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5 Key Questions: Medicaid Block Grants & Per Capita Caps

Medicaid covers more than 70 million low-income children, pregnant women, adults, seniors, and people with disabilities in the United States. The program represents $1 out of every $6 spent on health care in the US and is the major source of financing for states to provide coverage for the health and long-term needs of low-income residents. President Trump and other GOP leaders have called for fundamental changes in the structure and financing of Medicaid. This brief outlines five key questions to consider as the debate moves forward as well as some potential implications of these changes for states, beneficiaries and providers.

Medicaid’s Role for Medicare Beneficiaries

This brief outlines Medicaid’s role for Medicare beneficiaries. It describes the role that Medicaid plays for 10 million Medicare beneficiaries to help inform upcoming debates about proposals to restructure Medicaid financing in ways that could reduce federal funding.

Implications of Reduced Federal Medicaid Funds: How Could States Fill the Funding Gap?

In this analysis, we present three scenarios of reductions in federal Medicaid spending and examine fiscal implications if states fill these financing gaps to maintain their programs and if all reductions are assumed to be in full effect in FFY 2015 (the most recent year for which Medicaid spending data is available). To fill these gaps in financing and maintain current Medicaid programs, we assume states will increase state spending for Medicaid by increasing state taxes or reducing education spending. This analysis is unlike the CBO estimate, which makes projections and accounts for changes in policy, state responses to make changes to Medicaid programs, and reductions in coverage.

Using Medicaid to Wrap Around Private Insurance: Key Questions to Consider

This issue brief raises three key questions for consideration if using Medicaid to wrap around private coverage is going to be considered as an alternative to the ACA’s Medicaid expansion under the BCRA. We draw on existing information about state Medicaid premium assistance programs to date, the administrative complexity involved, and the financing implications of premium assistance programs.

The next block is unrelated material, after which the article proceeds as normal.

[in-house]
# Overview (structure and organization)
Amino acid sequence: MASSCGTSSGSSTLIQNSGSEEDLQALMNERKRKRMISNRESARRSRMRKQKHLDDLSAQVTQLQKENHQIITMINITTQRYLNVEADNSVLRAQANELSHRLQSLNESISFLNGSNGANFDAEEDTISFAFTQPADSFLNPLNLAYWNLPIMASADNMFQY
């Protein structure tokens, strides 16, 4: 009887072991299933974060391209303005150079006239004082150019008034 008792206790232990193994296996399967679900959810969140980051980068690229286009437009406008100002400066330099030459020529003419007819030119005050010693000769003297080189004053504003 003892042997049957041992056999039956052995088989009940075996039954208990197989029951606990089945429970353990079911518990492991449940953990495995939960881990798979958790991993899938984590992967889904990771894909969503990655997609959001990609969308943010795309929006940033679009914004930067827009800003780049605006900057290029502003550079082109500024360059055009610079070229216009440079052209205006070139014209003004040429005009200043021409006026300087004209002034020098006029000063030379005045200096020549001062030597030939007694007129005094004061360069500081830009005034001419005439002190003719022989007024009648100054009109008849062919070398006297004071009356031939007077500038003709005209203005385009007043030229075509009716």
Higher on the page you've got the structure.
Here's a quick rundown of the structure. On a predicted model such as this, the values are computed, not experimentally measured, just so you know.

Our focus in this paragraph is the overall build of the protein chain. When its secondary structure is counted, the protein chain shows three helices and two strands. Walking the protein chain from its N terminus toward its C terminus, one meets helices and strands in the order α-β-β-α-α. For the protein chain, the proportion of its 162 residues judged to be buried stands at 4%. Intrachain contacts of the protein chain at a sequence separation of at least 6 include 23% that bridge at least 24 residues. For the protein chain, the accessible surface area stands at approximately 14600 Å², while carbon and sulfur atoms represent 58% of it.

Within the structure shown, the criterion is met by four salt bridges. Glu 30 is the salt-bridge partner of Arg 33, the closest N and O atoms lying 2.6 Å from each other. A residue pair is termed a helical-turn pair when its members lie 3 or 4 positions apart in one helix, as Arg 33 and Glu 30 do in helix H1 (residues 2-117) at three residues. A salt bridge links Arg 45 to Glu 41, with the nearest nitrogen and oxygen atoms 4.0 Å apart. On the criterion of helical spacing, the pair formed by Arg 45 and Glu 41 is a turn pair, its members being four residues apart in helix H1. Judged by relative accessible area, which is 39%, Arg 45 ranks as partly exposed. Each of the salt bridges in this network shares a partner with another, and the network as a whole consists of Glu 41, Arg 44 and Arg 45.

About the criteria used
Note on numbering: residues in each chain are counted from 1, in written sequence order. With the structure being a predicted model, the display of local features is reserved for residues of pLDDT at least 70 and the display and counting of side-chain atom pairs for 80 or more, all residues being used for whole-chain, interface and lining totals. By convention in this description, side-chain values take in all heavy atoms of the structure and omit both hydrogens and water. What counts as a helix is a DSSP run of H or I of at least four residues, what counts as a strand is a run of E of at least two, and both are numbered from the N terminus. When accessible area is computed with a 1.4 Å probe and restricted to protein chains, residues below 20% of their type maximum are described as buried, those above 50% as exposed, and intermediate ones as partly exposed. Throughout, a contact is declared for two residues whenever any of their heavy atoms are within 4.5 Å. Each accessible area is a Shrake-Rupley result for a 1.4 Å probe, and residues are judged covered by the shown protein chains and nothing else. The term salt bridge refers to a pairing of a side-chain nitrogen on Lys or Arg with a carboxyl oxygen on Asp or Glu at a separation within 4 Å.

What Could a Medicaid Per Capita Cap Mean for Low-Income People on Medicare?

Policymakers are currently considering proposals that would fundamentally change the structure and financing of Medicaid, and potentially affect 11 million people on Medicare. This brief discusses the potential implications of Medicaid per capita cap or block grant proposals for the 11 million low-income seniors and people with disabilities on Medicare. It also describes how the per capita cap model proposed in the American Health Care Act could potentially affect low-income people on Medicare who receive assistance from Medicaid.

Medicaid: What to Watch in 2018 from the Administration, Congress, and the States

Medicaid provides health insurance coverage for about one in five Americans and is the largest payer for long-term care services in the community and nursing homes. Efforts in 2017 to repeal and replace the Affordable Care Act (ACA) and cap federal financing for Medicaid were unsuccessful but help to set the stage for 2018. As 2018 begins, there is a focus on administrative actions using Medicaid Section 1115 demonstration waivers, state actions on Medicaid expansion, and funding for the Children’s Health Insurance Program (CHIP) and other federal health care priorities. Medicaid in 2018 is also likely to continue to be part of both federal and state budget deliberations. Pressures to control the federal deficit may reignite efforts to reduce or cap federal Medicaid spending. In addition, Governors will soon release proposed budgets for state FY 2019 that will need to account for uncertainty around CHIP and Medicaid, changes in the economy and the effects of the recent tax legislation as well as funding for rising prescription drugs and initiatives to combat the opioid epidemic. This brief examines these issues.

Medicaid Managed Care Plans and Access to Care: Results from the Kaiser Family Foundation 2017 Survey of Medicaid Managed Care Plans

Managed care organizations (MCOs) cover nearly two-thirds of all Medicaid beneficiaries nationwide, making managed care the nation’s dominant delivery system for Medicaid enrollees. As the entities responsible for providing comprehensive Medicaid benefits to enrollees by contracting with providers, managed care plans play a critical role in shaping access to care for Medicaid enrollees. Many plan actions are dictated by state policy or contracting requirements; however, plans also have some flexibility to design payment and delivery systems and structure enrollees’ experiences using their coverage. To understand how Medicaid managed care plans approach access to care and the challenges they face in ensuring such access, the Kaiser Family Foundation conducted a survey of plans in 2017.

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Filling the need for trusted information on national health issues, the Kaiser Family Foundation is a nonprofit organization based in San Francisco, California.